In Namibia, one male dominates each flock. He defends his leadership when challenged by another. A young male attracts females with a booming sound made in his throat. Females inspect him and challenge his endurance.
Zebra Harem (05:34)
Zebras in the Serengeti travel in large herds to protect themselves from hyenas. A big herd means more mares to protect from outside stallions. The leader successfully fights off other males.
Termite Queen (07:04)
A queen has an army of obedient subjects and a king that mates with her frequently. She lays eggs 24 hours per day for 25 years. Workers create perfect conditions for egg development, and she uses chemical signals to direct her colony.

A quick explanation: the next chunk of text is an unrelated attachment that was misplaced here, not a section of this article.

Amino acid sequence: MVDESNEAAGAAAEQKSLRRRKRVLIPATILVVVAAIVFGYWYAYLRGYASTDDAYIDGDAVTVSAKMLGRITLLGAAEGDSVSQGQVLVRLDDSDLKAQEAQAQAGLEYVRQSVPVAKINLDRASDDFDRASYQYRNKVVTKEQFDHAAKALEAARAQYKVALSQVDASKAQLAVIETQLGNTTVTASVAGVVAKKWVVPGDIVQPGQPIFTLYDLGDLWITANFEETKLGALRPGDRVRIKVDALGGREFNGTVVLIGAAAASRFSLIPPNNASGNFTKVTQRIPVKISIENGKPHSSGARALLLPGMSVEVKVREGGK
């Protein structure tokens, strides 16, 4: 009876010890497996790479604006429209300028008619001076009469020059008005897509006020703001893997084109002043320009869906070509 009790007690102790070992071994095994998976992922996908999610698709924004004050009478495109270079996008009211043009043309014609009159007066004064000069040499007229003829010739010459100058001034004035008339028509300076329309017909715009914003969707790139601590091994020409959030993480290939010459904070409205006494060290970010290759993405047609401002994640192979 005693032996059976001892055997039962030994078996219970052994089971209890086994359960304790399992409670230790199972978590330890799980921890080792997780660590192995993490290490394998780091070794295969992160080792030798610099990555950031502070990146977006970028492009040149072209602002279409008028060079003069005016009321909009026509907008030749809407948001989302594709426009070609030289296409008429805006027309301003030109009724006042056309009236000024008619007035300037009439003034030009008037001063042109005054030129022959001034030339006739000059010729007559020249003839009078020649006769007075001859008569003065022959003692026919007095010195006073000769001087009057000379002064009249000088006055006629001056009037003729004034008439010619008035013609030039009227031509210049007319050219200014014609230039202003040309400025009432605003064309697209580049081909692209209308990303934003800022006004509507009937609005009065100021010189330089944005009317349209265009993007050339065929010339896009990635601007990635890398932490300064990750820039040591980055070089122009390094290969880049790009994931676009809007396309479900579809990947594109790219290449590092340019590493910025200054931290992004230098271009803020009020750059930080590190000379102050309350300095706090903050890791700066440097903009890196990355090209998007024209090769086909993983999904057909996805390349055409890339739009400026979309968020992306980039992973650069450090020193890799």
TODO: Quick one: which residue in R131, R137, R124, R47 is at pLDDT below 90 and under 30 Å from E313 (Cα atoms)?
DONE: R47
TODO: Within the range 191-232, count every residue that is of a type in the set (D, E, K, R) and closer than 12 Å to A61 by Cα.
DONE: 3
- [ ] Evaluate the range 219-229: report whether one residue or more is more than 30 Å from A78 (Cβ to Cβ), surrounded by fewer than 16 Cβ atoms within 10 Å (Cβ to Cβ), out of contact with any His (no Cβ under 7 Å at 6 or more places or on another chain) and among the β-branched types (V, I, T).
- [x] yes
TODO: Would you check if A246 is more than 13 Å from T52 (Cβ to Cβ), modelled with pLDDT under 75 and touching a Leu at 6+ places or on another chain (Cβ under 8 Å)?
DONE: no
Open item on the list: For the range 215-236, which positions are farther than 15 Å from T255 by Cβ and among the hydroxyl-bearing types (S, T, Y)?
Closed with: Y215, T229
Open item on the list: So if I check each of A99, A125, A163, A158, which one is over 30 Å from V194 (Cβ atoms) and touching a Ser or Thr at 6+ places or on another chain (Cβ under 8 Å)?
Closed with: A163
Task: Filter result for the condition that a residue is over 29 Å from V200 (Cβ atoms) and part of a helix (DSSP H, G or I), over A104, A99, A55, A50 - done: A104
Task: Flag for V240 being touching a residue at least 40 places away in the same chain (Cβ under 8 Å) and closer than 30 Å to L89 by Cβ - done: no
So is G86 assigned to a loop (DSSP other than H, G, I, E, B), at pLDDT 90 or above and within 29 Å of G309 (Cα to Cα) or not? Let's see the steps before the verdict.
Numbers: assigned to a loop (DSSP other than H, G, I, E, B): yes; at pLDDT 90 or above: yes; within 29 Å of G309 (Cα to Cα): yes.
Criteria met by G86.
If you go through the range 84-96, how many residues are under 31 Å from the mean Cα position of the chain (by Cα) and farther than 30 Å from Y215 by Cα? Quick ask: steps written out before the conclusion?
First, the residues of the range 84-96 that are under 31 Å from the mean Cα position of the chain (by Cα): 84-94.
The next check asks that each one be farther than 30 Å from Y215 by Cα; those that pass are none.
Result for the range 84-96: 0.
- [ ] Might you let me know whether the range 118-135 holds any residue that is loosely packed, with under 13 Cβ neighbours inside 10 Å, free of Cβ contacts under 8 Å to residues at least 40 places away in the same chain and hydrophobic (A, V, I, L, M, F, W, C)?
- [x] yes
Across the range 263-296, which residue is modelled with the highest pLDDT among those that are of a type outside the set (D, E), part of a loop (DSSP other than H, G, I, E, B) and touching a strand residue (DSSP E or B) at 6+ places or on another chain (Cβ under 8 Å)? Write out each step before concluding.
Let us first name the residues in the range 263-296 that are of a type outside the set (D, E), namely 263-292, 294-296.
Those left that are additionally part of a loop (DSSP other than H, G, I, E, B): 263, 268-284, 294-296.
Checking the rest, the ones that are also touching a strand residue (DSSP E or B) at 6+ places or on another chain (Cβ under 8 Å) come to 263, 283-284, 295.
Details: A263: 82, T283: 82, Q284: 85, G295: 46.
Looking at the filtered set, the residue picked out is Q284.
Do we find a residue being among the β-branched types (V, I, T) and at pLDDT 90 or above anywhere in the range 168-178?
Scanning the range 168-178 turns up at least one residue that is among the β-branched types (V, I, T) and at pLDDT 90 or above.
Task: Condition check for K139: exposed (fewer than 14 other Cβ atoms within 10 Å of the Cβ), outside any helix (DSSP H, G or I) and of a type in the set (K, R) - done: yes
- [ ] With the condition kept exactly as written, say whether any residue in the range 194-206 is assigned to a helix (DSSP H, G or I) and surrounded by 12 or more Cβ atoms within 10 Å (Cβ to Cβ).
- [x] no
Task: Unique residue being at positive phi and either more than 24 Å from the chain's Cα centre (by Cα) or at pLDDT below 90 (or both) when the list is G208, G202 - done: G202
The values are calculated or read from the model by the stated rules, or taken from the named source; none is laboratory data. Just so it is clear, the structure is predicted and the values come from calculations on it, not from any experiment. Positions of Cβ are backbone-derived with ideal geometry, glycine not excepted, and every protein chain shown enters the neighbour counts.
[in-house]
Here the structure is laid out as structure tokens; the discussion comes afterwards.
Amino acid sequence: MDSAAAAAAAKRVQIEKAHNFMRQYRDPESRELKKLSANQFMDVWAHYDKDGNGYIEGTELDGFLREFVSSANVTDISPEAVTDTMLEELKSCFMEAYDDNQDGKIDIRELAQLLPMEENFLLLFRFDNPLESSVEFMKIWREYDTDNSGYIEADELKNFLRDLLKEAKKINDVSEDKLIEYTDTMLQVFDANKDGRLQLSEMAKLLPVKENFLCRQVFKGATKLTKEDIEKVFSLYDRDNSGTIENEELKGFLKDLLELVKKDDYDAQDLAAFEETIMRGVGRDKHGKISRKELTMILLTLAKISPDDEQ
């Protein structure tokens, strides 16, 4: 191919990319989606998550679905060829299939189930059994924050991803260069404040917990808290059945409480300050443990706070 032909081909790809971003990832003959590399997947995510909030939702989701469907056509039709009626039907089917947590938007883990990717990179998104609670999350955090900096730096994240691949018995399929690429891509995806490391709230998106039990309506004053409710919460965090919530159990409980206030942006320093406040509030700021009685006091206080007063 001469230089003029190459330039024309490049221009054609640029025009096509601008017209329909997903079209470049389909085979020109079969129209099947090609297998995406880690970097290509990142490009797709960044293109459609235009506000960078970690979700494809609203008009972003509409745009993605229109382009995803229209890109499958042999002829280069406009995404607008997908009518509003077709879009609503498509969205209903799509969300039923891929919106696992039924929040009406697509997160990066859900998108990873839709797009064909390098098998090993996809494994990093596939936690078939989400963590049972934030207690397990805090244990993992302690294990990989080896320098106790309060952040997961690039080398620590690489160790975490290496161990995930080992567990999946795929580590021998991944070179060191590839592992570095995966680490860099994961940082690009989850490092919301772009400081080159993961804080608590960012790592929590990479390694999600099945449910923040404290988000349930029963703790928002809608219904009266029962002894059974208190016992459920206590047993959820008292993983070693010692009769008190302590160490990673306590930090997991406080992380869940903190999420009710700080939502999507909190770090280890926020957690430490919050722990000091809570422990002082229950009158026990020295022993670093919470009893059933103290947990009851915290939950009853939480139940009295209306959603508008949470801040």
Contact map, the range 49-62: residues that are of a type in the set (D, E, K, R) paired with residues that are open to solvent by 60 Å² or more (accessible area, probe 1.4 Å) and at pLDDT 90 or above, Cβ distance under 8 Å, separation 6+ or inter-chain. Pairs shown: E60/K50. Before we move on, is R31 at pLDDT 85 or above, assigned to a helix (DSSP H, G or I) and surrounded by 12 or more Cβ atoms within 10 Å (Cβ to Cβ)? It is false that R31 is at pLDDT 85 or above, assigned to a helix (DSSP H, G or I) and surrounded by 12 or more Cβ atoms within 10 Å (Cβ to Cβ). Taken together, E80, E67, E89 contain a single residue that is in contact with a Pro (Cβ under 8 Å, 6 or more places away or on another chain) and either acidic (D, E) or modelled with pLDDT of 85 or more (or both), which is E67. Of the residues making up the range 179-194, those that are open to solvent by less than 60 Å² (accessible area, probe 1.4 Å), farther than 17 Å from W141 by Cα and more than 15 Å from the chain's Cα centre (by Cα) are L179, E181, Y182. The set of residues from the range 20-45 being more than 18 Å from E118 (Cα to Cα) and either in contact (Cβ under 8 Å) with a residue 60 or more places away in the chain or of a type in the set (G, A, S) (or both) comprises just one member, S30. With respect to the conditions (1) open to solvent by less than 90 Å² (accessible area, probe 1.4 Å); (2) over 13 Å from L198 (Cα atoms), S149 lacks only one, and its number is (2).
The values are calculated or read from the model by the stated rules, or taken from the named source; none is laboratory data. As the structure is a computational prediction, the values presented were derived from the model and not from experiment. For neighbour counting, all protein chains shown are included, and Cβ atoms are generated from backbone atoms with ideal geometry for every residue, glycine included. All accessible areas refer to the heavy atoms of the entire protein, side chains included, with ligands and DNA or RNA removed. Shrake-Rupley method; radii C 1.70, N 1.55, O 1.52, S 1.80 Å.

Gray Kangaroos (05:06)
On the meadows of Southern Australia, males fight for access to females; the biggest usually wins. Females can conceive at any time; she determines when mating is allowed.
Nursery Web Spider (06:18)
A male stalks prey. Once he catches it, he wraps it in silk and starts looking for a female to present it as a gift. A potential mate accepts the prey and eats it before the male transfers his sperm.
In northern Finland, groups of males gather to display neck feathers and impress potential mates. When a flock of females arrives, some males find a mate while others fight.
Large herds on the open savannas of Kenya attract predators. A male leaves his post to find a mate and he must battle his own species. He demonstrates his physical fitness to attract females.
Ostrich Chicks (01:41)
Ostrich eggs have hatched. Their parents must continue to feed and protect them.
Credits: Grasslands: In Plain Sight (00:34)
Credits: Grasslands: In Plain Sight
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